To Russia With Love: With F1 Heading to Sochi in 2014 Which Grands Prix Will Go?

Adam MacDonald@adammacdoAnalyst IIOctober 16, 2010

SINGAPORE - SEPTEMBER 26:  F1 supremo Bernie Ecclestone is seen in the paddock before the Singapore Formula One Grand Prix at the Marina Bay Street Circuit on September 26, 2010 in Singapore.  (Photo by Mark Thompson/Getty Images)
Mark Thompson/Getty Images

There has been talk of a Russian Grand Prix for years. Two days ago, we saw a lovely picture of Bernie Ecclestone and Russian prime minister Vladimir Putin shaking hands, announcing that there will be a race in Sochi, near the Black Sea, from 2014.

However, with India joining in 2011, and the USA returning in 2012 we’re now faced with the introduction of three new grands prix in the next four years. Also, there’s talk of South Africa hosting an F1 race for the first time since the early 80s.

Since we already have 19 races this season, and Ecclestone has said 20 is the highest he would go, it poses the question, which venues will lose their race by 2015?

Ecclestone is above all, a businessman. He knows which grands prix make money and which don’t. He knows which are worth having, the politics of the sport, and which he can cut with minimal disruption and effort. In all likelihood, he could publish a fairly accurate 2014 schedule tomorrow.

So it won’t be just the unpopular, inaccessible circuits that are left off the calendar. If he could make money in the long run, by cutting Monaco for three years, he would do it. Nothing is sacred. Without knowing the contracts signed between Formula One Management and the race organisers, it’s difficult to know which are the most likely to go, but we can still have a guess.

First of all, we can eliminate some tracks from the discussion. The new tracks such as Korea, Abu Dhabi, Singapore, India, the US and Russia will almost certainly be there.

China and Turkey are relatively new, having hosted seven and six GPs, respectively. They are old enough, however, that cutting them from the schedule isn’t out of the question. Bahrain is popular enough to keep its place relatively safe.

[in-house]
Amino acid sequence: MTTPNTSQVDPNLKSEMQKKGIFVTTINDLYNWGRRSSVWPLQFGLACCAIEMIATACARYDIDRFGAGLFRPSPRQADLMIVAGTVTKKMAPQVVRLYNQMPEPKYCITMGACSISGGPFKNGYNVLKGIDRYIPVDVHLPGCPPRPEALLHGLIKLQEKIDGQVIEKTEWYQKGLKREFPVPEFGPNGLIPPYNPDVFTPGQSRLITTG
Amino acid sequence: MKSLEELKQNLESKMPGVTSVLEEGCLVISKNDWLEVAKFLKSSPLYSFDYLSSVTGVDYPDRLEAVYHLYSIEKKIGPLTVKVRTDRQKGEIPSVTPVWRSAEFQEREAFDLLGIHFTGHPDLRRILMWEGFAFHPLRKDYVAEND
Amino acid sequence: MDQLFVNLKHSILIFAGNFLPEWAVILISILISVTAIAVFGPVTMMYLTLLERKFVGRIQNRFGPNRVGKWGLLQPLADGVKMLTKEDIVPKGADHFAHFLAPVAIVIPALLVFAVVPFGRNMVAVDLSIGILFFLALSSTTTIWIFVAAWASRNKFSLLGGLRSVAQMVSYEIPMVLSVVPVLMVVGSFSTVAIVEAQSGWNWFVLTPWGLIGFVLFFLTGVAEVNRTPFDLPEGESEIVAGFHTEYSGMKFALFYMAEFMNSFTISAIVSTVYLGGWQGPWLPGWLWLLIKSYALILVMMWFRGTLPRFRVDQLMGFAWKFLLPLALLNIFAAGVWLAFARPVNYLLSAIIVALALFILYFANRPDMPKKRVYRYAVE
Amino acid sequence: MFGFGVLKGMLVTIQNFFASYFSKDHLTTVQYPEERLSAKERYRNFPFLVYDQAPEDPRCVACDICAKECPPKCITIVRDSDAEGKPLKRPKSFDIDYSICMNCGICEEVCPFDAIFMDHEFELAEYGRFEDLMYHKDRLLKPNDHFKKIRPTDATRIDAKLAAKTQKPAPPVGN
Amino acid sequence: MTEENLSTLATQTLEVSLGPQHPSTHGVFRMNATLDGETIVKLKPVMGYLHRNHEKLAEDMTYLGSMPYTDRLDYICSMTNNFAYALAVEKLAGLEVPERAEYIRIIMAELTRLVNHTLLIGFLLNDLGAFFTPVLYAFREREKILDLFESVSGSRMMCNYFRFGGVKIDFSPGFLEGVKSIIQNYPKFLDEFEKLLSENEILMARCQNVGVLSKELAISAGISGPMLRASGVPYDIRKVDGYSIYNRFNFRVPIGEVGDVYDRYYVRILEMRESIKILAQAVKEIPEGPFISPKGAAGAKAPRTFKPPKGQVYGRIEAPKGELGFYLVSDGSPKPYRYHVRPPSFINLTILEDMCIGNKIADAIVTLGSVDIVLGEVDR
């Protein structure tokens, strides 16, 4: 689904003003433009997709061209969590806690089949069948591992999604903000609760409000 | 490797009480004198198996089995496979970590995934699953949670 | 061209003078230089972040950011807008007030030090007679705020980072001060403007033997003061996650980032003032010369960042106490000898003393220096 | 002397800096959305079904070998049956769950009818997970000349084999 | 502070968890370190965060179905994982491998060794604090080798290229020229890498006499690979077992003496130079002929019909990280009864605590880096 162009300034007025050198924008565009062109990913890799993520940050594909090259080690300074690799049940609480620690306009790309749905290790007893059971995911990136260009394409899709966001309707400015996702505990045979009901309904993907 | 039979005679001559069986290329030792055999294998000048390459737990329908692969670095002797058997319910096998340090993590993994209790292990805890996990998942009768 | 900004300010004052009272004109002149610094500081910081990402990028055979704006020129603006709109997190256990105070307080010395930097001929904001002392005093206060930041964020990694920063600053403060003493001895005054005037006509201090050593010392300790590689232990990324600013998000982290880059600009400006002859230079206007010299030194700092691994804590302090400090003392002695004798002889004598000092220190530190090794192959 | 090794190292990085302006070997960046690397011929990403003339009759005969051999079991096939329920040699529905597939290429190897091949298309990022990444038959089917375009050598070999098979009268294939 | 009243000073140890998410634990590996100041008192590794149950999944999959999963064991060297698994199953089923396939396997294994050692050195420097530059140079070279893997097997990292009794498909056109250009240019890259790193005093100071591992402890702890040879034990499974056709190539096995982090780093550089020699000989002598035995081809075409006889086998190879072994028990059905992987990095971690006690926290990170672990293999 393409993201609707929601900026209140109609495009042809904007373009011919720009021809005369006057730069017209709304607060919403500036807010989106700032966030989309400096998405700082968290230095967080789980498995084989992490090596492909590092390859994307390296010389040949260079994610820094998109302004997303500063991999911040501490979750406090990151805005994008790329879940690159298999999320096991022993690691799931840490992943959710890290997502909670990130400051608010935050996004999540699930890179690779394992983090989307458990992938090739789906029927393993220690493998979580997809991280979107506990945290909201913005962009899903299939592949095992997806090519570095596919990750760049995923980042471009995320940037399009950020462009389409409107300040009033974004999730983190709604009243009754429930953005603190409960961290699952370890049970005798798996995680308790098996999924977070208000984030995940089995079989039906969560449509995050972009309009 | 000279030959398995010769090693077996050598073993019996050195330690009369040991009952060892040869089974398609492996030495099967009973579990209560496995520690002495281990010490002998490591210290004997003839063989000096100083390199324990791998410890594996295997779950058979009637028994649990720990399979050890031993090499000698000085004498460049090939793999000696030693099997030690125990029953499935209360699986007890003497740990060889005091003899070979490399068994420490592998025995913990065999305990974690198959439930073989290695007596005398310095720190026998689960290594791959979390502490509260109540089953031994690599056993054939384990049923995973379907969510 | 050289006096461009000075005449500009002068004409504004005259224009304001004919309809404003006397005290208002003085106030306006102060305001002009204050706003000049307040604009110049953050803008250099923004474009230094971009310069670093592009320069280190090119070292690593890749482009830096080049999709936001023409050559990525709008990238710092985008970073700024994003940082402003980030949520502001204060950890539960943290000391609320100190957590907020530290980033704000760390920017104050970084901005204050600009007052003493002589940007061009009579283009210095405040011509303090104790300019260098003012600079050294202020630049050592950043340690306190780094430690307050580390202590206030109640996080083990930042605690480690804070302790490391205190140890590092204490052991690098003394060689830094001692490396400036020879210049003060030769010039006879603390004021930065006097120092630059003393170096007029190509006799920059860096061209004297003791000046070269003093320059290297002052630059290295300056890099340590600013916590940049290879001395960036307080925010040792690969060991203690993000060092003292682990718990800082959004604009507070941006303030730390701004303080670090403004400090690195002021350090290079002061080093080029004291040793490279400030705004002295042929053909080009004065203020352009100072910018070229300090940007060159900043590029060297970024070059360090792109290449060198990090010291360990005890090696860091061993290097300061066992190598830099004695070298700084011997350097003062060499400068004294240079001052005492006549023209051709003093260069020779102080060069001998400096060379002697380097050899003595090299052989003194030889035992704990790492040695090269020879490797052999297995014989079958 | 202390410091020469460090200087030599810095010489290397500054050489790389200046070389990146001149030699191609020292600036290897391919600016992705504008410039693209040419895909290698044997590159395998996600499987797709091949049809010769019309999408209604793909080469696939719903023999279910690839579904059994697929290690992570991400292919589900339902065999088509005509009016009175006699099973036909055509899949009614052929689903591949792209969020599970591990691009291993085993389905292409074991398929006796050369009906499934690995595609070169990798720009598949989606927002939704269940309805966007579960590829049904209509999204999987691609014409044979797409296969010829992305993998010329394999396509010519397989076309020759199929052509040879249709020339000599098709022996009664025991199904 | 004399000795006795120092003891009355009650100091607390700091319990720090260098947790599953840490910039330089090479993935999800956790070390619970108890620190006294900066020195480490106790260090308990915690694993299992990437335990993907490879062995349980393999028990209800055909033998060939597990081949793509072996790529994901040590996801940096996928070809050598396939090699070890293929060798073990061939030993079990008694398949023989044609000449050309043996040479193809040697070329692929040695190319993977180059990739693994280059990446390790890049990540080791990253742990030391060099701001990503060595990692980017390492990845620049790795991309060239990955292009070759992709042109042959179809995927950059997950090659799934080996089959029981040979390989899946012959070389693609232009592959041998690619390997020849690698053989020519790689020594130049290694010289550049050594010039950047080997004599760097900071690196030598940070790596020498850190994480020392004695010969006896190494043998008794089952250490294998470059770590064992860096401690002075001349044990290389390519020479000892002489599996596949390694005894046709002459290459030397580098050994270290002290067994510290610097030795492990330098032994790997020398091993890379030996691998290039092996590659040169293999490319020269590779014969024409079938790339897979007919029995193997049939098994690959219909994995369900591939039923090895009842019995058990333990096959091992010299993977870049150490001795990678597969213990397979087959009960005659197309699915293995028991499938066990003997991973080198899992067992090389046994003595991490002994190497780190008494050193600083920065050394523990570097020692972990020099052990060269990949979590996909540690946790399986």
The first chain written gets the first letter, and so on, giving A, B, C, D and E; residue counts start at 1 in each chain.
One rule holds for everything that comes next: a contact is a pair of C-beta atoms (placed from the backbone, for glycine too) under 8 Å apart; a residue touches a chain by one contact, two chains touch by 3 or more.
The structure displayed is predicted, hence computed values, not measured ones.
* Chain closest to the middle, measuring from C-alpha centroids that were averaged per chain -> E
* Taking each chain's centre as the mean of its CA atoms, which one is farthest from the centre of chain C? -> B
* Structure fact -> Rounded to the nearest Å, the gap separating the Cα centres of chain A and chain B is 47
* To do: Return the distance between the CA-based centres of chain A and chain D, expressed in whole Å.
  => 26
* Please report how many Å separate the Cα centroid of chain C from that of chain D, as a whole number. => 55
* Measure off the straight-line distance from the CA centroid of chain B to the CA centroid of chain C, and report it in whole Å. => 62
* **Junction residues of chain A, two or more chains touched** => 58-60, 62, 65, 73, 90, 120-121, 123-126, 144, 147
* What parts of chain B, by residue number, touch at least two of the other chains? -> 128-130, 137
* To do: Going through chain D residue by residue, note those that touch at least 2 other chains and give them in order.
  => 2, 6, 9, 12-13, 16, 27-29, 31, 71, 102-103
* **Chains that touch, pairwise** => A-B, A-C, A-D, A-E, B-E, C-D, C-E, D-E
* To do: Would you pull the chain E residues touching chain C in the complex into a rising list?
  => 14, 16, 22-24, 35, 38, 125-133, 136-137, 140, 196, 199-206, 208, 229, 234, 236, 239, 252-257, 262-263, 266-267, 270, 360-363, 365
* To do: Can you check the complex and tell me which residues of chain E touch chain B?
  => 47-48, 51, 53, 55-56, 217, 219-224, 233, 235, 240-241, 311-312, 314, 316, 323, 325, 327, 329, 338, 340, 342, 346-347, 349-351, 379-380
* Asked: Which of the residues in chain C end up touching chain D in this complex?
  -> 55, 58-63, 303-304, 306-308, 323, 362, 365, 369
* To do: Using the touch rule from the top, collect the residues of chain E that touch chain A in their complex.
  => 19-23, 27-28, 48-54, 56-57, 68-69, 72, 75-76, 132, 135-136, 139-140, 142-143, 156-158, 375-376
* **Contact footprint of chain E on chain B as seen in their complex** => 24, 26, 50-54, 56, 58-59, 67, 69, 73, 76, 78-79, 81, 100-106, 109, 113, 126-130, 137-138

As for the historic races, the British and Italian Grands Prix have appeared in all 61 F1 World Championships; they will stay. Monaco is Formula One, so it will stay. Germany has a long-term deal with FOM to keep their race, but no one ever seems to be happy with Hockenheim.

Valencia’s contract means it should be on the calendar until at least 2014. After that, it should be sealed off like Chernobyl and no one should ever race on that horrid track again.

Attendance at Melbourne has always been poor, but the Victoria government say Albert Park will host a race for a few years to come. The Australian GP can be good, but how good would it be to see a return to Adelaide?

Montreal is a great venue, and after a year absence in 2009, is apparently signed through 2015.

What’s left? Suzuka, Spa, Hungary, Interlagos and Sepang.

Of the five, the Hungaroring is probably the worst track. The other four, one would be hard-pressed to find people who dislike them.

Suzuka, Spa and Sepang can be brilliantly entertaining. Especially when one compares them to the likes of Valencia, which is nothing more than an abomination.

Sadly, the most likely to go is Spa. One gets the feeling that FOM feels the same about it as it did about Magny-Cours in France.

2015 is a long time away, and those with long-term agreements could still be cut from the calendar. Things can change quickly in F1; the upcoming Korean Grand Prix was only given the go-ahead a fortnight before the race. Unfortunately, the way things are going, it’s likely that we will see one or two of the better circuits go.

Ecclestone would be more than happy to keep F1 away from Spa-Francorchamps for a few years to make money though newer tracks, while building up a huge public demand for the venue’s return. He will do what he thinks is best for Formula One, and that isn’t always what is best for the fan.


The latest in the sports world, emailed daily.